Amer J Perinatol 2017; 34(14): 1447-1450
DOI: 10.1055/s-0037-1604289
Original Article
Thieme Medical Publishers 333 Seventh Avenue, New York, NY 10001, USA.

The Effect of Treated Overt Hypothyroidism on Outcomes in Twin Pregnancies

Jonathan Y. Rosner
Division of Maternal Fetal Medicine, Department of Obstetrics & Gynecology and Women's Health, Montefiore Medical Center, Albert Einstein College of Medicine, Bronx, New York
,
Nathan S. Fox
Carnegie Imaging for Women, PLLC, Department of Obstetrics, Gynecology, and Reproductive Science, Icahn School of Medicine at Mount Sinai, Maternal Fetal Medicine Associates, PLLC New York, New York
,
Daniel Saltzman
Carnegie Imaging for Women, PLLC, Department of Obstetrics, Gynecology, and Reproductive Science, Icahn School of Medicine at Mount Sinai, Maternal Fetal Medicine Associates, PLLC New York, New York
,
Andrei Rebarber
Carnegie Imaging for Women, PLLC, Department of Obstetrics, Gynecology, and Reproductive Science, Icahn School of Medicine at Mount Sinai, Maternal Fetal Medicine Associates, PLLC New York, New York
,
Simi Gupta
Carnegie Imaging for Women, PLLC, Department of Obstetrics, Gynecology, and Reproductive Science, Icahn School of Medicine at Mount Sinai, Maternal Fetal Medicine Associates, PLLC New York, New York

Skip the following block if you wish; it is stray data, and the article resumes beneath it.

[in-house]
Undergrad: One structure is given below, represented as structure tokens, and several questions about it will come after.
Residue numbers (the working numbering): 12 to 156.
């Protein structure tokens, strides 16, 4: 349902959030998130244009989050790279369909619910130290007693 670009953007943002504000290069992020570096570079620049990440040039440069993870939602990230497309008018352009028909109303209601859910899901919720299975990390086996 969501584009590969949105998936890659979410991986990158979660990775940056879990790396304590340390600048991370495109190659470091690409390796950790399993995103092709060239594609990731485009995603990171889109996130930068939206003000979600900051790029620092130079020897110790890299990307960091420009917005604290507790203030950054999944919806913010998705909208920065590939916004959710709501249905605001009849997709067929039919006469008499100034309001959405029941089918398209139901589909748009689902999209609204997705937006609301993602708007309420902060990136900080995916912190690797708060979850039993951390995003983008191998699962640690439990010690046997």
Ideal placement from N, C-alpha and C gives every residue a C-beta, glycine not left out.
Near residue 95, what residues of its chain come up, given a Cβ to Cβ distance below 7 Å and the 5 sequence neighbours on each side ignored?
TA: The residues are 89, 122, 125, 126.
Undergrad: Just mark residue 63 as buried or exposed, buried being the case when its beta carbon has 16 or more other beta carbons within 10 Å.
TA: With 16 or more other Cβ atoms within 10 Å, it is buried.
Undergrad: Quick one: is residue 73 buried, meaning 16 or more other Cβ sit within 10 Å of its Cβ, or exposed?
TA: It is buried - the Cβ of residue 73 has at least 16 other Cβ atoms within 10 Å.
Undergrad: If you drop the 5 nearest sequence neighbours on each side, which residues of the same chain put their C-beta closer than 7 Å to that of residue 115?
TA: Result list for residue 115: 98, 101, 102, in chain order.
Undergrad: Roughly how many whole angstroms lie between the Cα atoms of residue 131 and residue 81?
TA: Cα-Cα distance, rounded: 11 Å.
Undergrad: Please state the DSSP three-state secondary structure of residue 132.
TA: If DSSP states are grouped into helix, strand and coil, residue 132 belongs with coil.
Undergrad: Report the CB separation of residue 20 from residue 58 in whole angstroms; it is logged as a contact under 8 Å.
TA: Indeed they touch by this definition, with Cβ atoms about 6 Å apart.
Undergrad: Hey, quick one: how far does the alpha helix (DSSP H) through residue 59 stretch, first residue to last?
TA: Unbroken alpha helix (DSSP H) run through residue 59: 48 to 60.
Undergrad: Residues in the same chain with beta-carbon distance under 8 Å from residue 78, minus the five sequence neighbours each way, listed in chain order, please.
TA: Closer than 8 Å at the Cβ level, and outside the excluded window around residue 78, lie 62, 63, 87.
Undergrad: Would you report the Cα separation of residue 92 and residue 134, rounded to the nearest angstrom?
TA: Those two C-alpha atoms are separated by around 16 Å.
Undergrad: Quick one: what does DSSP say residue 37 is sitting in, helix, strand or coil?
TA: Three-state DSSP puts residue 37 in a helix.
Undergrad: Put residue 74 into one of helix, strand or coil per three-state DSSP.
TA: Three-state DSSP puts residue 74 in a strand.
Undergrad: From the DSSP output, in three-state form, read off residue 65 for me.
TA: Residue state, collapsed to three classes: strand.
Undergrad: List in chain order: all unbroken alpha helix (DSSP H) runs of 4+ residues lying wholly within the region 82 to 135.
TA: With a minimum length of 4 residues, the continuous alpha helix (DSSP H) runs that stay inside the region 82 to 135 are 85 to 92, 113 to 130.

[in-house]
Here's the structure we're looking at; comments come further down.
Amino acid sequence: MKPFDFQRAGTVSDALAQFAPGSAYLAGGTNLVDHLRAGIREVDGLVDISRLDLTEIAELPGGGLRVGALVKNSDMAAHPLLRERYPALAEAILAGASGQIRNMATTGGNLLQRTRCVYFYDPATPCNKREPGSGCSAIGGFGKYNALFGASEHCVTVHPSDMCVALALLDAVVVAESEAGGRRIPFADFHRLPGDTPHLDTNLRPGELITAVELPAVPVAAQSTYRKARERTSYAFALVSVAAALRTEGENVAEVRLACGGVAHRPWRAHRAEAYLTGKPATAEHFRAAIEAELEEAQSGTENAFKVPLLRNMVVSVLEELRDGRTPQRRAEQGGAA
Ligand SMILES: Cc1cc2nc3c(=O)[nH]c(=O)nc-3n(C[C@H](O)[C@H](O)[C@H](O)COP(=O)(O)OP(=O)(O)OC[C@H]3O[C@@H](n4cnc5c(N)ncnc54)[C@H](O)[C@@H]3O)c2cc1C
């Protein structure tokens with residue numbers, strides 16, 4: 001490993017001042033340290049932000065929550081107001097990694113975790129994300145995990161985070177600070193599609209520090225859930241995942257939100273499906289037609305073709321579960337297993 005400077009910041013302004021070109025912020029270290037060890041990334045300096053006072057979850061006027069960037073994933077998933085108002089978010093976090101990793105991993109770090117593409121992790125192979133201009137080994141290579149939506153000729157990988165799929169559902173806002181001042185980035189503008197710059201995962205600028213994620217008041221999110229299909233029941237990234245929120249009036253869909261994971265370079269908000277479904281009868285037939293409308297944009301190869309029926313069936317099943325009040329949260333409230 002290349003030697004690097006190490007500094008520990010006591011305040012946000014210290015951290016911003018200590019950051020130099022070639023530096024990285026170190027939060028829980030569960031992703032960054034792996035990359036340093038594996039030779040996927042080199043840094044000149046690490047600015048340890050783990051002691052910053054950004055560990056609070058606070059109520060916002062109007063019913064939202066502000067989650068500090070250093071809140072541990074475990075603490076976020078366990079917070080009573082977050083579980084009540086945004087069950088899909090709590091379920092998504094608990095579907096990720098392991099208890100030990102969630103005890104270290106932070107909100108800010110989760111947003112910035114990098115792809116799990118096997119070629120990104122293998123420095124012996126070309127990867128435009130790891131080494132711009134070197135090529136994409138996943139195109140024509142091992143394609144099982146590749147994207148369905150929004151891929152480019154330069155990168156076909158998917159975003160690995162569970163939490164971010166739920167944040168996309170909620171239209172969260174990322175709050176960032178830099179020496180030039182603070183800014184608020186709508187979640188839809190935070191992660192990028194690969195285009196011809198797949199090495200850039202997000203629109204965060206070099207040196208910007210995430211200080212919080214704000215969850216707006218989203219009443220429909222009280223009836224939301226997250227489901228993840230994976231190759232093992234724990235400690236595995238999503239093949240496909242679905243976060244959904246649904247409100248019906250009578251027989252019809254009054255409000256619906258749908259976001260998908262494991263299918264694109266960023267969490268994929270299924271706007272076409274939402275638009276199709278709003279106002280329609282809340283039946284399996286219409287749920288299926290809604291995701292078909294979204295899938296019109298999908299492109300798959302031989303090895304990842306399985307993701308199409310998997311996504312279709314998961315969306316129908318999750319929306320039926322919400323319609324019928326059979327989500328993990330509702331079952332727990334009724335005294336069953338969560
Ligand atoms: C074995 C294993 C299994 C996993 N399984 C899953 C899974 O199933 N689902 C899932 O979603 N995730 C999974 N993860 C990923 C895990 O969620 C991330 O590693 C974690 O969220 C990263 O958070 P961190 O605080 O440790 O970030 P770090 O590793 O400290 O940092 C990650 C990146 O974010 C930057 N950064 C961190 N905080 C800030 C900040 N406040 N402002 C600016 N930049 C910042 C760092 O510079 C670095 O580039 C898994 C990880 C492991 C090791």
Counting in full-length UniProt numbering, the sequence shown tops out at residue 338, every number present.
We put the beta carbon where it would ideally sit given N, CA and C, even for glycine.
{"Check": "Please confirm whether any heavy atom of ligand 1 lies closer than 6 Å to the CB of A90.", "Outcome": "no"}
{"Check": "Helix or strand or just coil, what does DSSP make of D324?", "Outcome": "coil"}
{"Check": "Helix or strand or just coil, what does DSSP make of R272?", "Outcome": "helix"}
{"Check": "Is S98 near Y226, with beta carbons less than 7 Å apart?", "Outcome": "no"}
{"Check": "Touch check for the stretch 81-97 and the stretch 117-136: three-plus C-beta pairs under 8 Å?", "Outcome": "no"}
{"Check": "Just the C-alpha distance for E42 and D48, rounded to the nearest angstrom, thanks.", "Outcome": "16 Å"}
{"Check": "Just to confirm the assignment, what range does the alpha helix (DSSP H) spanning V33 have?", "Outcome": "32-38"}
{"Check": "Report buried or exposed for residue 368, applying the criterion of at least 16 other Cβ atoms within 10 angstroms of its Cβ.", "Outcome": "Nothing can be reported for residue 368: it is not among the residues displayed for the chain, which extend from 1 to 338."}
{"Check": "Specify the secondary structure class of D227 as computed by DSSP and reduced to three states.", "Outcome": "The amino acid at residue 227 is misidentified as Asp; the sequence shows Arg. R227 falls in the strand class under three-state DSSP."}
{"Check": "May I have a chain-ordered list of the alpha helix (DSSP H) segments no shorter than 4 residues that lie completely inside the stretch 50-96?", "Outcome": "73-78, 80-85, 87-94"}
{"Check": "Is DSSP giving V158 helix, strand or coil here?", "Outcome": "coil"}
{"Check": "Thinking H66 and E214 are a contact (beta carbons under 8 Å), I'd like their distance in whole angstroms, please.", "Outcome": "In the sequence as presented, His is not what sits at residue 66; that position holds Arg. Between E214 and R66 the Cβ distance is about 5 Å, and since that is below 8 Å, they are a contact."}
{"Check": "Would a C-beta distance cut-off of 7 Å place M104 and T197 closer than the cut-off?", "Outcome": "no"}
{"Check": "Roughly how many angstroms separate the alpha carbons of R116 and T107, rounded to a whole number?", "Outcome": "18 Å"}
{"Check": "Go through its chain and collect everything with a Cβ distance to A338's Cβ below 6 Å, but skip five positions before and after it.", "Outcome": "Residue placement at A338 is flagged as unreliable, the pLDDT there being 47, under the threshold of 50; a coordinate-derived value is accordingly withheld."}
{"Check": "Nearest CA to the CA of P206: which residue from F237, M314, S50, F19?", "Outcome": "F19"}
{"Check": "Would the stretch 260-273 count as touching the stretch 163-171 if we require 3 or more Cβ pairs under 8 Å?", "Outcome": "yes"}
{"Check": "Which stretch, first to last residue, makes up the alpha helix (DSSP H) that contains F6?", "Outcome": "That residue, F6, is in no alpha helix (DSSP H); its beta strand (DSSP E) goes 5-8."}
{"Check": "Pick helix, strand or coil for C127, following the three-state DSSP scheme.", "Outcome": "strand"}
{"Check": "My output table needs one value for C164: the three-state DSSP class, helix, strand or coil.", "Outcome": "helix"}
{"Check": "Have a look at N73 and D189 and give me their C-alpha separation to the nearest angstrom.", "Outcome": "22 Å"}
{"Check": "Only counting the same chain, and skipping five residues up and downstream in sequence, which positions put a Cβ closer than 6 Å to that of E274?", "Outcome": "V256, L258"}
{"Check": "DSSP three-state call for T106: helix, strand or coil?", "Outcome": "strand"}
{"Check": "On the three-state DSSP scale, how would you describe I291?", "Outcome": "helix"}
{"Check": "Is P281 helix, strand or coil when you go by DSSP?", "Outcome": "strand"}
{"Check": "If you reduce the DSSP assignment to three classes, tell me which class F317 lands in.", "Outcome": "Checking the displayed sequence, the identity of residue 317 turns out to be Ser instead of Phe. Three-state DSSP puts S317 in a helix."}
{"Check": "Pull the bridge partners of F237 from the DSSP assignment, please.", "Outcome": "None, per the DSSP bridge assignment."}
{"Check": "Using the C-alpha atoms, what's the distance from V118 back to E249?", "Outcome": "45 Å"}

› Author Affiliations
Further Information

Publication History

09 April 2017

13 June 2017

Publication Date:
13 July 2017 (eFirst)

Abstract

Objective The objective of this study was to determine if treatment of overt hypothyroidism in twin pregnancies reduces adverse outcomes associated with overt hypothyroidism in pregnancy.

Methods This is a retrospective cohort study of all patients who were presented with twin gestations between 2005 and 2013 to a single obstetrical practice. Patients who were diagnosed with overt hypothyroidism were identified. Patients were followed up with serial thyroid function tests and treated appropriately. Rates of adverse pregnancy outcomes were compared between patients with and without hypothyroidism with p < 0.05 used for significance.

Results In this study, 612 twin pregnancies were included; 85 patients were diagnosed with overt hypothyroidism. Patients with overt hypothyroidism were more likely to have had in vitro fertilization (78 vs. 62%; p < 0.01). After adjusting for confounding variables, patients with overt hypothyroidism had no increased risk of spontaneous preterm birth < 37 weeks' gestation (adjusted odds ratio [aOR]: 0.833; 95% confidence interval [CI]: 0.498–1.393), intrauterine growth restriction (aOR: 0.720; 95% CI: 0.446–1.163), gestational diabetes (aOR: 0.812; 95% CI: 0.353–1.871), or composite adverse outcomes (aOR: 0.659; 95% CI 0.391–1.111) compared with patients who did not have overt hypothyroidism. There was a trend toward decreased hypertensive disorders of pregnancy (aOR: 0.470; 95% CI: 0.234–0.944).

Conclusion Our study shows that in twin gestations, there is no increased risk of adverse pregnancy outcomes between patients with treated overt hypothyroidism and those without overt hypothyroidism.

Note

The study was presented at the Society for Reproductive Investigation 62nd Annual Scientific Meeting, San Francisco, CA, March 25–28, 2015.